Turns out that the bees are drones hanging about waiting for the female to come out. We’ve all been there, haven’t we? They take forever. She’s most probably in there running a comb through her hair.

But it’s OK. The drones don’t have a sting. As we guys all know it’s the women who have the barbs. We just do what we’re told.

We are so lucky to have a bumble bee nest like this. It’s a lucky bird-box. We’ve had blue-tits in it for the last two years and now a hive of bees! Great!

I just feel sorry for the poor honey bees. The insecticide industry have polished them off along with half of the rest of the insects – goodbye voles, bats, swifts, swallows, hedgehogs, shrews, house-martins, frogs, toads, newts, warblers, lizards and all the rest of the creatures that feed on insects.

They won’t stop until the whole planet is a desert.

But for now, until they bring in stronger pesticides, we have a great colony of bumble bees – fascinating!

Rachel Carson – Silent Spring.

Rachel Carson – Silent Spring.

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Back when I was doing my Zoology degree in the 1960s I was reading books like Rachel Carson – Silent Spring and Gordon Rattray Taylor – The Biological Timebomb and the Doomsday Book. Population, Pollution and ecological catastrophe were big themes to grapple with.

I had grown up with nature, romped in fields full of buzz, stridulation, colour and life. I caught lizards, newts, frogs, toads and snakes. The ditches were alive with living creatures. The air was full of wings, feathered and chitinous and my ears were full of birdsong and chirping, buzzing melody. My eyes took the colours for granted.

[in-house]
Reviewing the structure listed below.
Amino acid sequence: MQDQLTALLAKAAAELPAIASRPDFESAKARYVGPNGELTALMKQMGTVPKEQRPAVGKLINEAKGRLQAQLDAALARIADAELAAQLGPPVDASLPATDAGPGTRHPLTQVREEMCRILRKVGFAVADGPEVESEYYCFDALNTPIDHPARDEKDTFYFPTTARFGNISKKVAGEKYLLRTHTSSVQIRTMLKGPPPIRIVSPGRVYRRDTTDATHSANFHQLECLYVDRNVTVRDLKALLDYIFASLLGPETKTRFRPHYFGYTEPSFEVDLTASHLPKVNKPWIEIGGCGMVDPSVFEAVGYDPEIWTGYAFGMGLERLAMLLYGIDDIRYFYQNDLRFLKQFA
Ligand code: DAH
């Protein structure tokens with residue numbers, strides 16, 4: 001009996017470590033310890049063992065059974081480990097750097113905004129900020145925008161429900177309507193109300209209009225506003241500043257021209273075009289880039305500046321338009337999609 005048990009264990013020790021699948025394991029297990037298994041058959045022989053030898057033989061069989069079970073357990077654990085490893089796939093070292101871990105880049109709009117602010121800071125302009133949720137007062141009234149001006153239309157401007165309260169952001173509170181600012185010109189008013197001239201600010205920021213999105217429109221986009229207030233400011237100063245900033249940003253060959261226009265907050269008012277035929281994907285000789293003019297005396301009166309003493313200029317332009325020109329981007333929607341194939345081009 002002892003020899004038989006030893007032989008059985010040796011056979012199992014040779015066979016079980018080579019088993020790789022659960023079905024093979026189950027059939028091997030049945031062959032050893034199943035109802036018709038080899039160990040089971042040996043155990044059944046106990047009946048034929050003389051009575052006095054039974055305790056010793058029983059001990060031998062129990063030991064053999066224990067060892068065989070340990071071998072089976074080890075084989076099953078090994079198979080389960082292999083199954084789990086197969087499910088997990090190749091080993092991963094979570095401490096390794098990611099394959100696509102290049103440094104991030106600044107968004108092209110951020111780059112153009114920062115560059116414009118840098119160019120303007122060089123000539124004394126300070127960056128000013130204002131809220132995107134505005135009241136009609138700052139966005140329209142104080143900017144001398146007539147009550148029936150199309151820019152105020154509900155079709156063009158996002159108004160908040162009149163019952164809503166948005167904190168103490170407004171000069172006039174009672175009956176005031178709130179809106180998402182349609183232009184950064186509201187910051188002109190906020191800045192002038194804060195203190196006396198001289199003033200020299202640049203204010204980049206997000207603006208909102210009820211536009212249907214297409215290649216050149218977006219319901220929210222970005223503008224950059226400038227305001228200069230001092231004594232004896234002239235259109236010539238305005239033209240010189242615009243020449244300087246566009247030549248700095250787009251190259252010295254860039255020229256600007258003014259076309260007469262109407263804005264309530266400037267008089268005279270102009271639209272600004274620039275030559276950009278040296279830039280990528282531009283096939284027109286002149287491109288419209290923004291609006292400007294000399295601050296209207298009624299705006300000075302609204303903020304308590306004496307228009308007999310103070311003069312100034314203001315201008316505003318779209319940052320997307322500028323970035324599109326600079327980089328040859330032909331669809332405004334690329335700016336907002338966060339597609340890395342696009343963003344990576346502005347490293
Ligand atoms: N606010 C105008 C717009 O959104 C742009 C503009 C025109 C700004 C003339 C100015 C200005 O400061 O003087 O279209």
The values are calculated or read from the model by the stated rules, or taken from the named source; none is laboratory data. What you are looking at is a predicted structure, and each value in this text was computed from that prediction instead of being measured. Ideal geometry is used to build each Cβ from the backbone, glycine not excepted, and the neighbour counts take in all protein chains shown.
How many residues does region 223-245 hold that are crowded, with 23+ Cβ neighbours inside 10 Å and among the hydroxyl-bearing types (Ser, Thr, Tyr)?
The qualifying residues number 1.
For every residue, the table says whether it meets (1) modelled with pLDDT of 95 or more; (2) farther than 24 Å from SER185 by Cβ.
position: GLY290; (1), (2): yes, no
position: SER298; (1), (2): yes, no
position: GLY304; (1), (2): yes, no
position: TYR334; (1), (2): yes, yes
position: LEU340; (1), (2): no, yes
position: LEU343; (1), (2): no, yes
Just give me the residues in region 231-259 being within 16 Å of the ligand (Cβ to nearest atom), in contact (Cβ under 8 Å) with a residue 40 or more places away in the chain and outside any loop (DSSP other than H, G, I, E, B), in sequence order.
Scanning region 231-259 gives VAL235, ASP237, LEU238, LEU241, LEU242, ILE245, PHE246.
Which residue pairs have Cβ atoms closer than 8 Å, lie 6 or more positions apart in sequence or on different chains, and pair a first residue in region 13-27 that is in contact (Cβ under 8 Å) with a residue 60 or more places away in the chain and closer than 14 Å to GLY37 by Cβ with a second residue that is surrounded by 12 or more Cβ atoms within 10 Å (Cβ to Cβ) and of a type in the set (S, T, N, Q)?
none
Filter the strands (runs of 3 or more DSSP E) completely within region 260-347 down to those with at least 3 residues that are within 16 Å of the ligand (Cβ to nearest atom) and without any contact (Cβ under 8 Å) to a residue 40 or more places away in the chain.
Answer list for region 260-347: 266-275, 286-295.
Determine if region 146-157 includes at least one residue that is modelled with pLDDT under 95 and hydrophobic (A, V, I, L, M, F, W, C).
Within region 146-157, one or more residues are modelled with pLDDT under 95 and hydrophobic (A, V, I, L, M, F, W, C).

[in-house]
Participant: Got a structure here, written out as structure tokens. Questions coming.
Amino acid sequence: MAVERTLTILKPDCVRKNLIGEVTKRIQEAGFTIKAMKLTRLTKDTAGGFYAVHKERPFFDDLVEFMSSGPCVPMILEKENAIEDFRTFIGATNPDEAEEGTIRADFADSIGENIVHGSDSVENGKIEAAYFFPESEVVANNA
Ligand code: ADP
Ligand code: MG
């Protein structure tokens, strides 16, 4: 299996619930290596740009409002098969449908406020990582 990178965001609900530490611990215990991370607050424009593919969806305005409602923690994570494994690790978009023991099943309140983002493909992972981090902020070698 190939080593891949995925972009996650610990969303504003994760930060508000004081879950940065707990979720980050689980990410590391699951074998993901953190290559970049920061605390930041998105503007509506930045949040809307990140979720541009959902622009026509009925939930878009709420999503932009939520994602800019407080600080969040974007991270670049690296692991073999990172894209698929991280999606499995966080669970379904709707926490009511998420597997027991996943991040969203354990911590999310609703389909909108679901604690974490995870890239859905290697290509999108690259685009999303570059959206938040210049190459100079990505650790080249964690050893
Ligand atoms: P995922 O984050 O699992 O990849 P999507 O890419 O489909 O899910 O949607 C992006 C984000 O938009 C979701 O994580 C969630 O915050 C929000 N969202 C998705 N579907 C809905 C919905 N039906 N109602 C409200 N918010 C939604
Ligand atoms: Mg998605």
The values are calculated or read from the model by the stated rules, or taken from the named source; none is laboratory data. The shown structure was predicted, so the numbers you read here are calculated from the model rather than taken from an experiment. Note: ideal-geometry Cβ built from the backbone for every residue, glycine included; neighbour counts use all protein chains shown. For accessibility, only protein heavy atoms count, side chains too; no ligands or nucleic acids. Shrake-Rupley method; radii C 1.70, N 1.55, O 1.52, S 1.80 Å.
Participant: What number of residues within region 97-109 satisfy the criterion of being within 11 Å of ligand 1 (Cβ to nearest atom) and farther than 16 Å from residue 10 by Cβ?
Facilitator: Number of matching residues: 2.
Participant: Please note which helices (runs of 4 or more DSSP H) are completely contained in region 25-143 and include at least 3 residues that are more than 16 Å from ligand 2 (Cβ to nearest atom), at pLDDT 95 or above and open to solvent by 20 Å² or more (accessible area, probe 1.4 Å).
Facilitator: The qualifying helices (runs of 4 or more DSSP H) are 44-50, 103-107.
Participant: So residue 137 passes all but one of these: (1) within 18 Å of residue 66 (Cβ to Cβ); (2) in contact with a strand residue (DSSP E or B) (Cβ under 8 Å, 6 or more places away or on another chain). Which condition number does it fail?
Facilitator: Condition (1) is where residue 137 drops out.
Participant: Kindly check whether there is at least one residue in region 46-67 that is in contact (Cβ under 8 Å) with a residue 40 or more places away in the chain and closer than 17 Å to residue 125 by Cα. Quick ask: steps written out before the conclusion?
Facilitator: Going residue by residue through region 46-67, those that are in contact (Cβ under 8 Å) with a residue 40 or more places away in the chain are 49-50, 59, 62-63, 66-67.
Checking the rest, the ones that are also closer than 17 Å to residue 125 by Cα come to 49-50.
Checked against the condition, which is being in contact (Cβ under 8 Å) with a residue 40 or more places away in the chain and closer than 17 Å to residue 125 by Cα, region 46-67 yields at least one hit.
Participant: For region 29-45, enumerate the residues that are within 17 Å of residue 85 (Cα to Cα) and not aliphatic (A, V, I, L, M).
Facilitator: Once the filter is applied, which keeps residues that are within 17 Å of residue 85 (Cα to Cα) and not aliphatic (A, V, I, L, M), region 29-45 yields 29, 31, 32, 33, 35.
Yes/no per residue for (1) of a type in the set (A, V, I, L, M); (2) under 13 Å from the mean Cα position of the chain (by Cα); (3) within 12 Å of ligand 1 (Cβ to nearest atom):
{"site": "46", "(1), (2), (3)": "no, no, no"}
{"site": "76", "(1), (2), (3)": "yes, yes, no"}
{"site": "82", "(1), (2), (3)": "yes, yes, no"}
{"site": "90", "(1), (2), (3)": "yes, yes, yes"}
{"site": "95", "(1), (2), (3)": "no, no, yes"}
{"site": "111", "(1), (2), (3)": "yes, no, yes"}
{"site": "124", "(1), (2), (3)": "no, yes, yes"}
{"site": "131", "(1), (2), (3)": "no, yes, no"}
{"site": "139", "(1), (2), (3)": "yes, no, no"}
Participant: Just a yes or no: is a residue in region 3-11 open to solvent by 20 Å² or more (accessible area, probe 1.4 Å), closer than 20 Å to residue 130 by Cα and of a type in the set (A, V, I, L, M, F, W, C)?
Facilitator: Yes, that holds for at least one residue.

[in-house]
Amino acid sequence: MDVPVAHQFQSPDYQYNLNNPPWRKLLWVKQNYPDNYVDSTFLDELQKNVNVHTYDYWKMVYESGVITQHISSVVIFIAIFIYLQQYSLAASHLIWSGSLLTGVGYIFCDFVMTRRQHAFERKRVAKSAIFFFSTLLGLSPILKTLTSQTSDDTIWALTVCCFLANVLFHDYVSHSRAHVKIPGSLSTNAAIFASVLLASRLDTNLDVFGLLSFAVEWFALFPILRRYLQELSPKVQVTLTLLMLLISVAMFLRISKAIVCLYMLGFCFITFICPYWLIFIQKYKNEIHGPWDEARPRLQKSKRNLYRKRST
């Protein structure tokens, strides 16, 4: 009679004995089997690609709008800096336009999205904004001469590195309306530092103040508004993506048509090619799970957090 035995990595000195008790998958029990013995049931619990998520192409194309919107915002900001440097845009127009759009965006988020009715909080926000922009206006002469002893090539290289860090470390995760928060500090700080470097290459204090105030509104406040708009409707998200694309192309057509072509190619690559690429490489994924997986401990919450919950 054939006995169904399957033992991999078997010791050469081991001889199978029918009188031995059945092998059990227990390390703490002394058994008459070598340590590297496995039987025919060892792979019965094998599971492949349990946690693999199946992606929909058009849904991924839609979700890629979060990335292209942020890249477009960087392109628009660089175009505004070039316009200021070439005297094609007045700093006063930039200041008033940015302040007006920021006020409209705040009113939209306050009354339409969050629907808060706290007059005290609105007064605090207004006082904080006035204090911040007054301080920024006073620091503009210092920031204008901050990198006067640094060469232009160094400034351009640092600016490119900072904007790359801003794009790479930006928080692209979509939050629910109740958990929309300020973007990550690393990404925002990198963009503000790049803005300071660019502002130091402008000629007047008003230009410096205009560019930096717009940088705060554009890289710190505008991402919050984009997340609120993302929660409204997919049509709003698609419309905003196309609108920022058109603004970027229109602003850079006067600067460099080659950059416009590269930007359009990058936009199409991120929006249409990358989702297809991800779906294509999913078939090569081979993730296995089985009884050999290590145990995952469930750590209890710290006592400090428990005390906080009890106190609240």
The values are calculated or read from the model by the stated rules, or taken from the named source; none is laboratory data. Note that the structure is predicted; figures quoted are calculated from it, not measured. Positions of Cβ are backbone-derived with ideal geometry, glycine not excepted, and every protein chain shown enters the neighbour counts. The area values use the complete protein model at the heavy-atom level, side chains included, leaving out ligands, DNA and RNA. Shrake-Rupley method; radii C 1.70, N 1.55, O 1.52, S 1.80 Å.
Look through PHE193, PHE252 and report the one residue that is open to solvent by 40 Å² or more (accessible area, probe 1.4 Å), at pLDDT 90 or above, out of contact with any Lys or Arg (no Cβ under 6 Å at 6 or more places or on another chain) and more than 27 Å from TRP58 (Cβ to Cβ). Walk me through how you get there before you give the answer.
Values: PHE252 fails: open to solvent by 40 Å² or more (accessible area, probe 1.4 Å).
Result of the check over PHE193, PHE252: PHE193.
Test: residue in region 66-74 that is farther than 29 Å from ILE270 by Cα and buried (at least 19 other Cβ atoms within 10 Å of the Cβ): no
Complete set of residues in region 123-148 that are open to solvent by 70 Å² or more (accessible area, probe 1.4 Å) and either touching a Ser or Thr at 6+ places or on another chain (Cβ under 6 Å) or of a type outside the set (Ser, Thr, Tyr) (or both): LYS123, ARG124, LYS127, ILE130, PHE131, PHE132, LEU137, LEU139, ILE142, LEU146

I suppose I thought it would always be like that. That Rachel and Gordon’s warnings would be heeded.

My fear was that the overnight destruction of the richness of nature would shock people into action.

But it isn’t like that.

As the population has increased it has steadily encroached. The ditches were culvetted, the hedgerows scratted up. The monocultures were sprayed with herbicide and the flowers withered. The fields were sprayed with pesticide and the insects declined. The creatures that fed on insects starved or were poisoned.

Gradually, foot by foot, nature was reduced, increment by increment. No more shrews or voles, no visiting hedgehogs, no swifts shrieking in delight as they screamed through the air feeding on the flying insects. No house-martins and swifts to skim across the fields and streams.

Little by little it is being eaten away – slowly – so that nobody even notices.

There were two swifts this afternoon where there would have been fifty. No swallows where there were a dozen. No house-martins nesting in the eaves.

There are no splodges on my windscreen. No need to clean the headlights.

No colour in the meadow. No buzz in the ear.

It makes me want to cry.

Poetry – 8 Billion

8 Billion


8 billion brains

Threaten many trillion lives.

We decide what is worthy

And what is not.


8 million minds

Want to feed 8 million mouths

And they don’t care

About the damage done.


Opher – 8.12.2019



Overpopulation is the cause of the present climate and environmental problems. It is responsible for massive deforestation – as land is cleared for agriculture. It is responsible for over-hunting, over-fishing and the destruction of many habitats.

The use of pesticides is decimating insect populations.

The massive pollution creating by our vehicles, industries and domestic use is poisoning the planet.

We need to get 8 billion down to a manageable 4 billion. Problems solved!!